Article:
Betterific gets a lot of ideas, suggestions and feedback relating to a wide variety of topics. This week we’re featuring an idea from one of our innovative members that has struck everyone’s fancy at Betterific. About a week ago, George Roche posted this betterif: “Wouldn’t it be better if the olympics also showed normal people doing the winter olympic events to give viewers a deeper appreciation of the athletes?” A few of us responded to the idea thinking it would be a hilarious hybrid between a sporting event/Jackass episode/American Idol… and then a few of us were thinking along the lines of more inspirational programming. Take someone who’s always had the dream of being an athlete and follow them through the process of training to be one and see what it takes to succeed (a la Biggest Loser).
The nice thing about crowdsourcing ideas for such creative topics like television programming is that there are numerous directions one could go that would all seemingly delight audiences, and apparently we’re not the only ones to recognize this. You may have heard that Amazon has started crowdsourcing feedback to get people’s reactions to pilot programming they’re developing for Amazon Prime’s on-demand television series. Depending on the number of votes that each pilot receives, decisions are made whether to put it into full scale production or to drop the show and find another. An article from last year in Entrepreneur magazine (Crowdsourcing’s New Platform: Prime Time Reality TV, by Catherine Clifford) details that CBS started working on a project for a television series that actually uses the crowd to decide which businesses should win money to fund their ventures, in an interesting Shark Tank twist. So far, we haven’t seen this show, called Crowd Rules, actually air… perhaps because it would have been more useful to ask the crowd first whether they’d be interested in watching this type of show.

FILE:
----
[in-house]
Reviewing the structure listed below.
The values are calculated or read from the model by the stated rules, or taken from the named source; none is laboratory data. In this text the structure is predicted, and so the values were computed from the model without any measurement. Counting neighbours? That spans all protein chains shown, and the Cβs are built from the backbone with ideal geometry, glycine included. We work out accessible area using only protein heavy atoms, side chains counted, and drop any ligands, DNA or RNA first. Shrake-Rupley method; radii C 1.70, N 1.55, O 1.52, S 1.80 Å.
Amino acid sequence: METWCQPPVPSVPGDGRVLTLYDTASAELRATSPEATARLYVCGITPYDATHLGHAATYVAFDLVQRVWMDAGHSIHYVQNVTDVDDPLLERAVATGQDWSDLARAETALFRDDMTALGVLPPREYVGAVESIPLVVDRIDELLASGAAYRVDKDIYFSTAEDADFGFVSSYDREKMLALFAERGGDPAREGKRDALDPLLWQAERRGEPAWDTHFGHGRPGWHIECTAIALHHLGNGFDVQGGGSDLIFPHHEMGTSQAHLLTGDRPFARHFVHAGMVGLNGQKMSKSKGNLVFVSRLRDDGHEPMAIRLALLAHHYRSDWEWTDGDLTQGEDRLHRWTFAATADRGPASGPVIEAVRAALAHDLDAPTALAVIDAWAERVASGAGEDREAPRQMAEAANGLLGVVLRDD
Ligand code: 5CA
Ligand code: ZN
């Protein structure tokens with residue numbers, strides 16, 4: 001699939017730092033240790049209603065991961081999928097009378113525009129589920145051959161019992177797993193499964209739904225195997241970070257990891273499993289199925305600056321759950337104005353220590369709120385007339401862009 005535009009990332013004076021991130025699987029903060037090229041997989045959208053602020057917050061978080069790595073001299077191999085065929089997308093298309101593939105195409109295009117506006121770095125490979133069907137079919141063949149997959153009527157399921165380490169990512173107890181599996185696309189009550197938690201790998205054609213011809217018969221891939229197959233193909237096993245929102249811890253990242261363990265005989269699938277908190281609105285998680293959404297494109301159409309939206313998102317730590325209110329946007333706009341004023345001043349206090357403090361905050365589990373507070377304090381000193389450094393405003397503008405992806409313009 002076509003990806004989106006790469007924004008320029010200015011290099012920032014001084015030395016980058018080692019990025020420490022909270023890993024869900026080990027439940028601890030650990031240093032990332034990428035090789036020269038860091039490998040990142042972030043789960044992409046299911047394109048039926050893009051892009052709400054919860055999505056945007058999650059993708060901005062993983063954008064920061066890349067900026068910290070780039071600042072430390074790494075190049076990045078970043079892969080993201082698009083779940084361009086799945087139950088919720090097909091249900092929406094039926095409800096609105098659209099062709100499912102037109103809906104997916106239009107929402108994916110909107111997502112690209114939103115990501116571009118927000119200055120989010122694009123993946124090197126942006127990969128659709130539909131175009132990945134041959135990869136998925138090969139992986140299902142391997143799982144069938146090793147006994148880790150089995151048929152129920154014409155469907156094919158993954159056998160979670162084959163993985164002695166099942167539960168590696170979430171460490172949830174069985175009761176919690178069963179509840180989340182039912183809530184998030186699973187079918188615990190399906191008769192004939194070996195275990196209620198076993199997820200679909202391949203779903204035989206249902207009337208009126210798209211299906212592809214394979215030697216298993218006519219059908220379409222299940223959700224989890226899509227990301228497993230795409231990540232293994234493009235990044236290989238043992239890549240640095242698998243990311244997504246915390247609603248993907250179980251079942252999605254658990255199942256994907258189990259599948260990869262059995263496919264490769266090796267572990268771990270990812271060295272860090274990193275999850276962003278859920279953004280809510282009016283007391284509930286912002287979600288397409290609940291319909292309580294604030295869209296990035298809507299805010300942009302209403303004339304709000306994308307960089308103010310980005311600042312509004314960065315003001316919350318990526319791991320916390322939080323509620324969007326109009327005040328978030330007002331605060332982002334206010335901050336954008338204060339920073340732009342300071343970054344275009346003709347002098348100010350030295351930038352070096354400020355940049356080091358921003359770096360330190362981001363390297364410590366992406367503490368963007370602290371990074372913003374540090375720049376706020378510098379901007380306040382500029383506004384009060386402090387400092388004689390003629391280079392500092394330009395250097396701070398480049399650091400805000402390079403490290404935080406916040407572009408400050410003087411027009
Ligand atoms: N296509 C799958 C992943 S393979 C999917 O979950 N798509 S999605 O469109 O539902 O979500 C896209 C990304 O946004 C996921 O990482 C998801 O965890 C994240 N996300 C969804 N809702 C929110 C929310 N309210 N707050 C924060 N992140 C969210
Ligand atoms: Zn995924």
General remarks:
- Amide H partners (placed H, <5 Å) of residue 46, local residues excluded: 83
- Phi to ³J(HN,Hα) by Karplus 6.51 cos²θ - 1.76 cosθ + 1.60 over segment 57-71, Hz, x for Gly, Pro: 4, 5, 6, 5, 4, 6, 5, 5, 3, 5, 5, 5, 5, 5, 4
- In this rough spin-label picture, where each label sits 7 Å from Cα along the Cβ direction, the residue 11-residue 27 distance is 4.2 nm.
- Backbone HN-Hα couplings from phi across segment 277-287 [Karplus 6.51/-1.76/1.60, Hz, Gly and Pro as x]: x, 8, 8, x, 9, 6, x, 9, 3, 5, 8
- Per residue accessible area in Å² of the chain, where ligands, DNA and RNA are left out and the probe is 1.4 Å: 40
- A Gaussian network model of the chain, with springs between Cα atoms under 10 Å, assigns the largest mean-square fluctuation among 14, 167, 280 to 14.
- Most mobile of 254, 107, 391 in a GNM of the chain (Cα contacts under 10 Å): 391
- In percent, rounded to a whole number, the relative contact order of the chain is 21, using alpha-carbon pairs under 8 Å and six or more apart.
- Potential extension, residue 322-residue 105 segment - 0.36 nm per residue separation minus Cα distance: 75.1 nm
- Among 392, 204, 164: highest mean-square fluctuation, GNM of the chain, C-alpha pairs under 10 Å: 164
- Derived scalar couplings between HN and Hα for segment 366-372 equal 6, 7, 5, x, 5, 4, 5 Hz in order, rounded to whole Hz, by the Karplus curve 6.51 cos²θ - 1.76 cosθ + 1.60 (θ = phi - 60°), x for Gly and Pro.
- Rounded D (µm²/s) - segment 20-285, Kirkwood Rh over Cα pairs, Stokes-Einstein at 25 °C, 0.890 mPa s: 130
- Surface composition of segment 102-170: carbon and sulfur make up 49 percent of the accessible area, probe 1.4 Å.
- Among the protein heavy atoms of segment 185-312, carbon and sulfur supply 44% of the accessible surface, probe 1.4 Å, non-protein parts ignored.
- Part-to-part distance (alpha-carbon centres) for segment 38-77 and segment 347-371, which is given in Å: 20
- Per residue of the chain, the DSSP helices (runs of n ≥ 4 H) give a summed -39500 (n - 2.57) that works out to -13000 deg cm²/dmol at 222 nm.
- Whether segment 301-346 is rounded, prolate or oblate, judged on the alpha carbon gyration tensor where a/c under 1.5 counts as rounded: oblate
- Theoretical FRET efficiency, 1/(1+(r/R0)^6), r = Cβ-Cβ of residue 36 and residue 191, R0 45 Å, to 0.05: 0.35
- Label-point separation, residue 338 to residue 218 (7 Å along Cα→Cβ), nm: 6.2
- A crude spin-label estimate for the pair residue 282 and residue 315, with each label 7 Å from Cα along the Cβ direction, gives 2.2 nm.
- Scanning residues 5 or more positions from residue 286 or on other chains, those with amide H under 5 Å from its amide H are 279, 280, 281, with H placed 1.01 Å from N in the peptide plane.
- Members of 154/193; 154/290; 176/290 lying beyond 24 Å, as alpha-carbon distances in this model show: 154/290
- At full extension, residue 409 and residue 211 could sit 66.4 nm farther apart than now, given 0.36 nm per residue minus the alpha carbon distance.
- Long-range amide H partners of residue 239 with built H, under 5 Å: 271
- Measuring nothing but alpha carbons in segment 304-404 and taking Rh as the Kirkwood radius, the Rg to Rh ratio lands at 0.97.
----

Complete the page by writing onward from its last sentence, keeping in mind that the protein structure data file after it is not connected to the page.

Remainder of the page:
And this again is why we love what Betterific can do and how awesome ideas can provide great value when they get to the right people. So, without further ado… here’s George explaining his vision of the idea:
GR: While watching the Sochi winter Olympics at a bar, I kept hearing the same comment from people along the lines of, “I think I could be an olympic bobsledder. It doesn’t even look that hard.” To which I would reply, “prove it.” Basically, I thought it would be fun to give some perspective on just how remarkable Olympic and professional athletes truly are by having normal people take a stab at it. Having some normal person trying to bobsled, figure skate, or curl would be interesting to watch. It would be both amusing and also quiet the people with inflated heads about how they could have been Olympians. And really this concept could apply to any pro sport or sporting event.
GG: Who would you like to see take this idea and run with it? Is it an idea for a reality TV show or a new sporting event perhaps?
GR: A TV show or web series would be a great format for this, and it could be done for a range of sports. What I’m picturing is American Gladiator meets Most Extreme Elimination Challenge where you are getting normal people to complete physical activities and then compare their results with a professional (or retired professional) athlete. Watch Usain Bolt smoke a slightly overweight mid-thirty year old. Or Justin Verlander blast a fastball by someone. Though the ultimate is really US football where people love to berate players for dropping catches…that they themselves would be able to complete maybe one out of a thousand times.
GG: Why do you think this is a good idea? Who would benefit from it?
GR: The benefit would really go to the athletes themselves because it would help ground people’s expectations and also highlight their skills. It would give a healthier appreciation of olympians and pro athletes across the board. Plus it would also be good for a laugh.
GG: What do you think about all the upvotes your idea has gotten?
GR: The upvotes validate that people would like the opportunity to see what your average person is capable of athletically. It also validates that it’s kind of hard to appreciate some sports that you’ve never played, or even seen live. Watching a cross country skier collapse at the end of the race is both inspiring and terrifying. But it begs the question, “how well could I have done?”
Thanks George for being such a great Betterific user!
Written by Gwen Gurley